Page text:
Services at Healthy Living Program target physical and mental wellness

Gabriella Pinos/Assistant Entertainment Director

Relax. Feel good. Be well. This is what FIU’s Healthy Living Program hopes to encourage within the University’s population.

Located in the Student Health Center, HLP offers programs and services that are free for all FIU students, ranging from stress management consultations to energy therapy and crystal healing.

“We really pride ourselves on trying to provide as many different types of services for students so that they can discover what works well for them,” said Victoria Gonzalez, health educator at HLP.

When it comes to physical and mental health, the staff at HLP want students to experiment with their health through their complementary services.

Most of the students who visit the program, for instance, display symptoms of stress, according to Gonzalez. The program’s stress management consultations help students understand and reflect on the root of their problem, which may encourage them to make changes in their behavior. In these cases, accepting and assuming accountability for a stressful situation allows students to move on.

“That is really important because it can definitely minimize the amount of time that you are stressed out in a situation and that will reduce your symptoms, short term and long term,” said Gonzalez.

Students are also referred to HLP from Counseling and Psychological Services to get a more well-rounded approach to health and wellness. The program’s most popular services, which include massages and aromatherapy, revolve around mental health.

“Mental health to us has a lot to do with self-awareness and understanding,” said Gonzalez. “What we do is target behavior change.”

While HLP is mainly focused on the mental wellbeing of students, the program also provides services related to physical health and dieting. Gonzalez, along with Giselle Garces, HLP’s registered dietitian, promoted eating habits that individual needs and encouraged mindful eating.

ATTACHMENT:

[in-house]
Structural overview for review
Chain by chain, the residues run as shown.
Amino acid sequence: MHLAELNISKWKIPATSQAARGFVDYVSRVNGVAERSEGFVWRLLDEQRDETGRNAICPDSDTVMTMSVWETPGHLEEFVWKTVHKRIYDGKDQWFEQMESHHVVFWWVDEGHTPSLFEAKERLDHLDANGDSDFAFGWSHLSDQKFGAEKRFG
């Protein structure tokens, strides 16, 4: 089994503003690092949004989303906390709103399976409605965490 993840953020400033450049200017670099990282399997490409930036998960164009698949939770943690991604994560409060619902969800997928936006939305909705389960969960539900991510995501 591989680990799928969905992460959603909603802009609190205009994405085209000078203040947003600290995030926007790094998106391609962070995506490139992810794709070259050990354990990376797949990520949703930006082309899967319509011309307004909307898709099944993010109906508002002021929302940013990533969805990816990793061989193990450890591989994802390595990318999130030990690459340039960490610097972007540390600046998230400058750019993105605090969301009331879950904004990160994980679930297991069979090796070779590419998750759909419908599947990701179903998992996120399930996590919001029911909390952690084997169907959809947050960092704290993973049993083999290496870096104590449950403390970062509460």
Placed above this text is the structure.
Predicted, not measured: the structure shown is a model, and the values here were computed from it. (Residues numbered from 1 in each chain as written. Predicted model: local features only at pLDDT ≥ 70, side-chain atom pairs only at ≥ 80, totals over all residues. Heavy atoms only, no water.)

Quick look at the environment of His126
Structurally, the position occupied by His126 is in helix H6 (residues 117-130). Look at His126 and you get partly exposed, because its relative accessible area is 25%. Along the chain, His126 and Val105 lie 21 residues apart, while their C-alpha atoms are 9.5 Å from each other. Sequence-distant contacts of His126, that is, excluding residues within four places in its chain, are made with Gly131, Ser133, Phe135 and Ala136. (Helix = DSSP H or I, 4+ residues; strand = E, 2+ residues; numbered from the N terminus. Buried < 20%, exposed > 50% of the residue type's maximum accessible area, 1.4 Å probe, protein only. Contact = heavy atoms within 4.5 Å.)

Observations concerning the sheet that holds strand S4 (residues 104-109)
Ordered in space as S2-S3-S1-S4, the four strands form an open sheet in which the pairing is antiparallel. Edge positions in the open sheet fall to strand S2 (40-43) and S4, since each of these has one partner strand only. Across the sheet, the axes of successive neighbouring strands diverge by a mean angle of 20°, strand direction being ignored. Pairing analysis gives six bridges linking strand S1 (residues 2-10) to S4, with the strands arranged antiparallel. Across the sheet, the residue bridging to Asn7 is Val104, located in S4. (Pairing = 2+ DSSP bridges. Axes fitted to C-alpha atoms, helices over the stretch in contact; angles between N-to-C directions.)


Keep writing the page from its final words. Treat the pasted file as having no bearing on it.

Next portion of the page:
“Mindful eating is basically intuitive eating, listening to your body and understanding different signs and signals that your body gives you about food,” said Gonzalez.

Students may also not know how to eat fruits or vegetables that they may otherwise enjoy, said Gonzalez. She encouraged students to try different ways of eating fruits and vegetables and to try a variety of foods from different food groups.

“We tend to think that healthy eating is only eating boiled chicken and brown rice and broccoli, but when you eat that every single day, that doesn’t mean it’s good for you. Eating as many different types of food as possible is really the healthiest thing you could do,” said Gonzalez.

In Spring 2019, HLP plans on hosting three different types of workshops, including an aromatherapy series where students will learn about the benefits of essential oils and a stress management workshop. Four workshops on the different dimensions of wellness – physical, emotional, intellectual, social, occupational, environmental, financial and spiritual – will also take place from February to April.

For online students, HLP currently offers video content on YouTube and IGTV, as well as a podcast, “The Healthy Minute,” on iTunes and SoundCloud. As for everyone at FIU, Gonzalez invited students to try as many services as are available at HLP.

“Try as much as you can that interests you, try to push through the fear of going to that yoga class if you know you’ve always wanted to try a yoga class. It takes as much as just walking into the gym and continuing to walk to continue to get there and trying it out,” said Gonzalez.

For more information on the Healthy Living Program, visit

Photo by Gabriella Pinos.

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